Last stop in part one of
NASW Code of Ethics is Termination of Services. Its six parts
go like this:
- Should terminate when services no longer helpful.
- Should not abandon clients; client best interest is the first
- May terminate if clients when fees haven't been paid (special
- Should not terminate to pursue another relationship with client
(social, financial, or sexual).
- Should notify clients ahead of termination and seek to ensure
continuation of services elsewhere if desired.
- Should notify clients when leaving an employment setting,
ensuring continuation of services.
There are more than a few exam questions that this section lends
itself to. "A client is showing no new progress…what should the
social worker do?" Terminate. "A social worker finds a client
exhausting, but therapy is productive…" Don't terminate. "A client
has a long overdue balance…" Terminate. "A client asks a social
worker on a date…" Don't terminate (at least not to have the
You might also encounter questions about referral-making when
terminating. Or terminations mandated by limited insurance
coverage. Knowing the code should help with all of the above.
Does it help with this?
A social worker has a client who has been dating a good
friend of the social worker's. The friend plans to begin bringing
the client to the weekly bowling night that the social worker has
been attending for years, as well as to other social events that
the social worker had planned to attend. How should the social
A) Stop attending the bowling night and other events to
avoid a dual relationship with the client.
B) Ask the friend to hold off on bringing the client to
the bowling night and other events until it is clear the
relationship is serious.
C) Discuss the conflict with the client and explore
possible referrals for the client.
D) Discuss the conflict with the client and continue
This isn't all that simple. Let's take it one answer at a time.
Social workers are expected to avoid social events that they know
clients are attending when possible. But this isn't just a
one-time, easily missed event--it's a long-standing series of
events, spreading out into the future. Attending the events creates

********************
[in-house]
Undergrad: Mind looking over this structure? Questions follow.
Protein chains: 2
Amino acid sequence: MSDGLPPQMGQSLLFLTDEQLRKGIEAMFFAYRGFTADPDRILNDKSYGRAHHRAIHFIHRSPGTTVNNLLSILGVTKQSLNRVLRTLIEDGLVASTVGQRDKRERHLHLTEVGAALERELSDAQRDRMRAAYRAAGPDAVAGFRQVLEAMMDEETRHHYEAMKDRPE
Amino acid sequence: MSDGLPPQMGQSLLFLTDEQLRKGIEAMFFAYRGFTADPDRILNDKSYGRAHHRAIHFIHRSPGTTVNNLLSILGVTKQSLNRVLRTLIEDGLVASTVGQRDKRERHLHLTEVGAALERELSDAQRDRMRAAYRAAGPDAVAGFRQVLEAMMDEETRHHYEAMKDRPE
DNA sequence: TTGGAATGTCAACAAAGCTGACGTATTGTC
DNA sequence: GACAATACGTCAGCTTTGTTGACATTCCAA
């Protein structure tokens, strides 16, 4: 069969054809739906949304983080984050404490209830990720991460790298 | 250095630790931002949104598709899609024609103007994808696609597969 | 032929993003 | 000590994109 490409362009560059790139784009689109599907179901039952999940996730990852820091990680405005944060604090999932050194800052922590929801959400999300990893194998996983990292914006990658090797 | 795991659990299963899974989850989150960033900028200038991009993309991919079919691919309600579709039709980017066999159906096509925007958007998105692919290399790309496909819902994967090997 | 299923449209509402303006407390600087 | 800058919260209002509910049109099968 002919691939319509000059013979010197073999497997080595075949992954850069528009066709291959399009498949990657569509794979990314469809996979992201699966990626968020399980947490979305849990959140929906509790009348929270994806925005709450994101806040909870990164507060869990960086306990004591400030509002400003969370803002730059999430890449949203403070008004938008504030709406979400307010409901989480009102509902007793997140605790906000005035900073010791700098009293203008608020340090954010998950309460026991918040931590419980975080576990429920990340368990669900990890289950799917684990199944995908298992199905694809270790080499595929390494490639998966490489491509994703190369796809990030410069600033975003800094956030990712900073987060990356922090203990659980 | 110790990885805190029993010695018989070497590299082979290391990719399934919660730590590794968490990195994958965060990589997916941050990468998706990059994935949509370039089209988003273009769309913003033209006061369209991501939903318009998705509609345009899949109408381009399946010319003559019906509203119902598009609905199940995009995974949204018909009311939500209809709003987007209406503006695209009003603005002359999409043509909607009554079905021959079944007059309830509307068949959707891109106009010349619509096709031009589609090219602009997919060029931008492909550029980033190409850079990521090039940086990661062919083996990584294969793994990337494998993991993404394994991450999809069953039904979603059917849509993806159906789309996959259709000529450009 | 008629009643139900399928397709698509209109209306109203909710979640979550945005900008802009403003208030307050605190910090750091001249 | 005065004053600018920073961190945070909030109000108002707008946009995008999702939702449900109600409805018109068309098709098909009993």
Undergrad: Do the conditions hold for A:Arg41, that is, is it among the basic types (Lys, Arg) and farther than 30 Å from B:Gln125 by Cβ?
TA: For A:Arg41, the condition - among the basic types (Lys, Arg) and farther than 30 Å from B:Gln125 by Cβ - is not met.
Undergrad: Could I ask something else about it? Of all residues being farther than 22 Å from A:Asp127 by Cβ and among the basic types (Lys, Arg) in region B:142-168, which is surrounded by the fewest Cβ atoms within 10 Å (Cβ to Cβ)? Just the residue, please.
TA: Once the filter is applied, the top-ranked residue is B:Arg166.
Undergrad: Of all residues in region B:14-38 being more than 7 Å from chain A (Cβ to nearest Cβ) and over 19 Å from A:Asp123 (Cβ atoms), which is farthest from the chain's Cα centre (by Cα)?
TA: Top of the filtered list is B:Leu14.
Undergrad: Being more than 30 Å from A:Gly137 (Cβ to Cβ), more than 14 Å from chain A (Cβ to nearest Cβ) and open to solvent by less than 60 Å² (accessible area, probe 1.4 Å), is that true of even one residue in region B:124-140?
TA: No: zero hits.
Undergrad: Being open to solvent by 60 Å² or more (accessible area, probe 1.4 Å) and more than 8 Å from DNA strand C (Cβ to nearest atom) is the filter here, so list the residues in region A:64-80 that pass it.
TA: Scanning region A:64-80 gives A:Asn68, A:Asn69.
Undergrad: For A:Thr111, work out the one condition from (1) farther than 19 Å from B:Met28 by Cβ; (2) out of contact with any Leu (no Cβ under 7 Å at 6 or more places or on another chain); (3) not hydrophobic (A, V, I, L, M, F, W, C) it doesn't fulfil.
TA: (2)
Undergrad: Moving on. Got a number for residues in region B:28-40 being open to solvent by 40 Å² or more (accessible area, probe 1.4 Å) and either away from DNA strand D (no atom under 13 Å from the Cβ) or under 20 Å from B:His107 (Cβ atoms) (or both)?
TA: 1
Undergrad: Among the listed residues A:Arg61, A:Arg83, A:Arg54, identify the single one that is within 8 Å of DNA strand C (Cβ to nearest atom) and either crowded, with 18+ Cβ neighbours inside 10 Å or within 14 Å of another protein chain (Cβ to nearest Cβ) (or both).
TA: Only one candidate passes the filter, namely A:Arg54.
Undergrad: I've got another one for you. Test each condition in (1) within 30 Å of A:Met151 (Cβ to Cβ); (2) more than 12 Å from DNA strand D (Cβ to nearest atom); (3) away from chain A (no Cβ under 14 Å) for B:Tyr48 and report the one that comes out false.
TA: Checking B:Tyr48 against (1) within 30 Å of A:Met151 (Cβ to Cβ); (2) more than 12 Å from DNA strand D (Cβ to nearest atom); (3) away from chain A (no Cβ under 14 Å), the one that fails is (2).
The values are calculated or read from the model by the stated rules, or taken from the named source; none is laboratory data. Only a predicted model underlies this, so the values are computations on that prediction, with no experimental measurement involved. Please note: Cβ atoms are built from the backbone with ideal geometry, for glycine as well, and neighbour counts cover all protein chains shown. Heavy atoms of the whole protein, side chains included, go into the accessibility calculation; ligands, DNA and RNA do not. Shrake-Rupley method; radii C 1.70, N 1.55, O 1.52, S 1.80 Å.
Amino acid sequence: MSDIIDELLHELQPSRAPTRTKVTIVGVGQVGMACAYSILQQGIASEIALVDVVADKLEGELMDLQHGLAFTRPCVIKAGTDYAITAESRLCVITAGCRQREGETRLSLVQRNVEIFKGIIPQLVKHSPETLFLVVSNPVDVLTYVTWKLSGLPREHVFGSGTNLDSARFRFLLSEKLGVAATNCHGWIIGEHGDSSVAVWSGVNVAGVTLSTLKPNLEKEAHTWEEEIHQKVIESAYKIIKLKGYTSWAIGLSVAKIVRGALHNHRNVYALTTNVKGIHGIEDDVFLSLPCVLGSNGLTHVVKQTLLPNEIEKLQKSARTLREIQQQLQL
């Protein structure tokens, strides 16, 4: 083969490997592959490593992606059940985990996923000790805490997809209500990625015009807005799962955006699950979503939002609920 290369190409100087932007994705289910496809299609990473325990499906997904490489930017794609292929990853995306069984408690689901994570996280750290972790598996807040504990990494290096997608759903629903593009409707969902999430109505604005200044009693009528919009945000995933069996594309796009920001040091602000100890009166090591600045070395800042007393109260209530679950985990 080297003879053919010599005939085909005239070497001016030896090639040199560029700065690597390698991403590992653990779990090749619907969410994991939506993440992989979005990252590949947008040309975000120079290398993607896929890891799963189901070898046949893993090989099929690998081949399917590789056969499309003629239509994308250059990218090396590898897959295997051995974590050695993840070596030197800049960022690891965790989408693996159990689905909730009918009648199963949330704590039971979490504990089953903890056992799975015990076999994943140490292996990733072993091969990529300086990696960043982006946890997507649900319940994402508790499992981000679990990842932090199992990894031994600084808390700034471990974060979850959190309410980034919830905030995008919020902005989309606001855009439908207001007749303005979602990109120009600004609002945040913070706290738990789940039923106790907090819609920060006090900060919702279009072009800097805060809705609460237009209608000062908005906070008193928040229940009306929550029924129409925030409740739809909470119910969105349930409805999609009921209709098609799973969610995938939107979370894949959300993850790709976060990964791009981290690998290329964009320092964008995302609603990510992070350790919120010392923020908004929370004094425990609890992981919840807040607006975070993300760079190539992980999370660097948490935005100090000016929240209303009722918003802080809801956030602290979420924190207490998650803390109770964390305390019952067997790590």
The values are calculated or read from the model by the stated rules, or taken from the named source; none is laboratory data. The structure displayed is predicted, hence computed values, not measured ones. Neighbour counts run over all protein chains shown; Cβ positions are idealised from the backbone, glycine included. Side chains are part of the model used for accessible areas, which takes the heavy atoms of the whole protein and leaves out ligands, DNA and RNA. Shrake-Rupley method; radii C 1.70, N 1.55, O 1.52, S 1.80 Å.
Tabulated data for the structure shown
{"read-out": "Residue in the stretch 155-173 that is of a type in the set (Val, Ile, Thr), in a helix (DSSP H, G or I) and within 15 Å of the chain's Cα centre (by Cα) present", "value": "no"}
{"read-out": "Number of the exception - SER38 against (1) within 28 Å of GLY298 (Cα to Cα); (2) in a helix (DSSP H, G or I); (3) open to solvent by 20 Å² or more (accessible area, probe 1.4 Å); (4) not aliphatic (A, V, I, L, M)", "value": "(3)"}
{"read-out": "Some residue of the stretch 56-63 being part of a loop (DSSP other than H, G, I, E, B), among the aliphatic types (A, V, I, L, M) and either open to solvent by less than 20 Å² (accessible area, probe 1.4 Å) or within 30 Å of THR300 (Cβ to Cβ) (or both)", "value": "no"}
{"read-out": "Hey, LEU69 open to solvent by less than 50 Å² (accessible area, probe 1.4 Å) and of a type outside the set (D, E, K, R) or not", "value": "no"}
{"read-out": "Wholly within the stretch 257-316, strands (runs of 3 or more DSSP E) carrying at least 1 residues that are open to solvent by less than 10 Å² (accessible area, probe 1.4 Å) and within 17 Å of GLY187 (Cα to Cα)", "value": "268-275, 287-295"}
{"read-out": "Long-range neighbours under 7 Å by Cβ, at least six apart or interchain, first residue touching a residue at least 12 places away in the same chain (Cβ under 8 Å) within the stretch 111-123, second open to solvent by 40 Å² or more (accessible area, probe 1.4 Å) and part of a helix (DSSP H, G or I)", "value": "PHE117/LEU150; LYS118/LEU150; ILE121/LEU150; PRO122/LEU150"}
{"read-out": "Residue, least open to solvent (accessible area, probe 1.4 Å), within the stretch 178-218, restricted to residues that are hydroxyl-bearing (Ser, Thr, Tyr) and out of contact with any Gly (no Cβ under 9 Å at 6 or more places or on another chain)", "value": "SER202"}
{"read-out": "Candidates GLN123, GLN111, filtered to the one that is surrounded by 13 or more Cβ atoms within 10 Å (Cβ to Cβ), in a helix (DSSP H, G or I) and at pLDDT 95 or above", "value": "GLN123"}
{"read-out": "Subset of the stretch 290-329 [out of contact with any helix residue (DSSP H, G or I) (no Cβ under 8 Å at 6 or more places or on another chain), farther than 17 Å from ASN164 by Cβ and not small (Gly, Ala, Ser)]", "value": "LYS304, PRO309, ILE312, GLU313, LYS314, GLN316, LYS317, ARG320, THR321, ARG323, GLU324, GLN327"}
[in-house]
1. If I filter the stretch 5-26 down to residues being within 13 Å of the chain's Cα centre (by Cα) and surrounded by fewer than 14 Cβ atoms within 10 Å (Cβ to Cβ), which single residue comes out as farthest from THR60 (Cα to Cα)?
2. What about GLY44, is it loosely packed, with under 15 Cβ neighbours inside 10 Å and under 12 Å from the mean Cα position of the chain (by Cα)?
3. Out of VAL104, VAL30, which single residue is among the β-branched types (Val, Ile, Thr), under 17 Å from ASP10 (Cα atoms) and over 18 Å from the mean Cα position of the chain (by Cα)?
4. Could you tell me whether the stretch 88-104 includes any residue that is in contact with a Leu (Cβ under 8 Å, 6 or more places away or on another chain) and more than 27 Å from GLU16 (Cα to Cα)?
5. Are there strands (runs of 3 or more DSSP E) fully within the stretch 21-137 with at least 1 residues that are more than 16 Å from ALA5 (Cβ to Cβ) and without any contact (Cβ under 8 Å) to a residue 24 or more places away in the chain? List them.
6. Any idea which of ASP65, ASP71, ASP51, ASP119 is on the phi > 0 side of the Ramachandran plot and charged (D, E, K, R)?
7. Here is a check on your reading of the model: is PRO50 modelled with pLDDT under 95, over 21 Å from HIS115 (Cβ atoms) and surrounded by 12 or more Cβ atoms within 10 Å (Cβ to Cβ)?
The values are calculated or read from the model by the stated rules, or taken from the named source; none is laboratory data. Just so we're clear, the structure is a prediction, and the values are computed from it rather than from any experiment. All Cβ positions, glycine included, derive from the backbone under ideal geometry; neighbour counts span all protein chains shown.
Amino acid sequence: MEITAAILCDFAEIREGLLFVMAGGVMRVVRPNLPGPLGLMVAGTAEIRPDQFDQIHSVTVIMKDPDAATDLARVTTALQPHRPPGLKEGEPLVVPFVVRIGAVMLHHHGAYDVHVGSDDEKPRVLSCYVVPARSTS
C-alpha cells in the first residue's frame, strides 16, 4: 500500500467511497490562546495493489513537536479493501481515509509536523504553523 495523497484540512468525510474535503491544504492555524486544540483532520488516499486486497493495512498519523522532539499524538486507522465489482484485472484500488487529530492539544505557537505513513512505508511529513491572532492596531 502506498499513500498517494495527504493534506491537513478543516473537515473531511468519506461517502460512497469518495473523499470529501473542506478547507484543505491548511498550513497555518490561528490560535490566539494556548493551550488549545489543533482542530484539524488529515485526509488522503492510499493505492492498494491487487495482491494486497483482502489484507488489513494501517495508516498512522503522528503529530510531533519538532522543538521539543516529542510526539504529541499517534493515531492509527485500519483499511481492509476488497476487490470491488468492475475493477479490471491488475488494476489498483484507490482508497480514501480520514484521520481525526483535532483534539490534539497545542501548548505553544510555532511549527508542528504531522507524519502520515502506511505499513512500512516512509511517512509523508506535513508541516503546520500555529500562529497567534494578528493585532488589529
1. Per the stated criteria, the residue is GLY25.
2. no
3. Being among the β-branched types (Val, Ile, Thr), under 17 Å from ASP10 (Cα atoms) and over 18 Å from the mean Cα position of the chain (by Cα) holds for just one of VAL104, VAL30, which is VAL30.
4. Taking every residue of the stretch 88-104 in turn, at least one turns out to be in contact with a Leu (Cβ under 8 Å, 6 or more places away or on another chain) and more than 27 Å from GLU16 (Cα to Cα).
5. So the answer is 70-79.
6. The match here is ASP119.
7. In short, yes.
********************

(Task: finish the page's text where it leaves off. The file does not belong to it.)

a dual relationship. Skipping the events might lead to resentment
from the social worker toward the client--a sort of dual
relationship of its own. Asking the friend breaches client
confidentiality (not to mention asking too much of the friend).
That leaves discussing. Discussing and continuing or discussing and
terminating. Or not even terminating--it just says "explore
possible referrals." That's pretty mild. There's no client
abandonment proposed here. Just a conversation about possibly
terminating. Given the circumstances, that (C) looks like the best
way to go.
If it were just one wedding both the client and social worker
were invited to, what then? One funeral? Turning some of these
possibilities over in your mind keeps you one step ahead of exam
item writers and all-the-more ready to pass the social work
licensing exam. Good luck!
For further reading:
And here, to save you clicking, is the full text from the
termination section of the Code:
(a) Social workers should terminate
services to clients and professional relationships with them when
such services and relationships are no longer required or no longer
serve the clients' needs or interests.
(b) Social workers should take
reasonable steps to avoid abandoning clients who are still in need
of services. Social workers should withdraw services precipitously
only under unusual circumstances, giving careful consideration to
all factors in the situation and taking care to minimize possible
adverse effects. Social workers should assist in making appropriate
arrangements for continuation of services when necessary.
(c) Social workers in
fee-for-service settings may terminate services to clients who are
not paying an overdue balance if the financial contractual
arrangements have been made clear to the client, if the client does
not pose an imminent danger to self or others, and if the clinical
and other consequences of the current nonpayment have been
addressed and discussed with the client.
(d) Social workers should not
terminate services to pursue a social, financial, or sexual
relationship with a client.
(e) Social workers who anticipate
the termination or interruption of services to clients should
notify clients promptly and seek the transfer, referral, or
continuation of services in relation to the clients' needs and
(f) Social workers who are leaving
an employment setting should inform clients of appropriate options
for the continuation of services and of the benefits and risks of
For questions about termination, dual relationships, and
much more, sign up for SWTP practice
December 15, 2015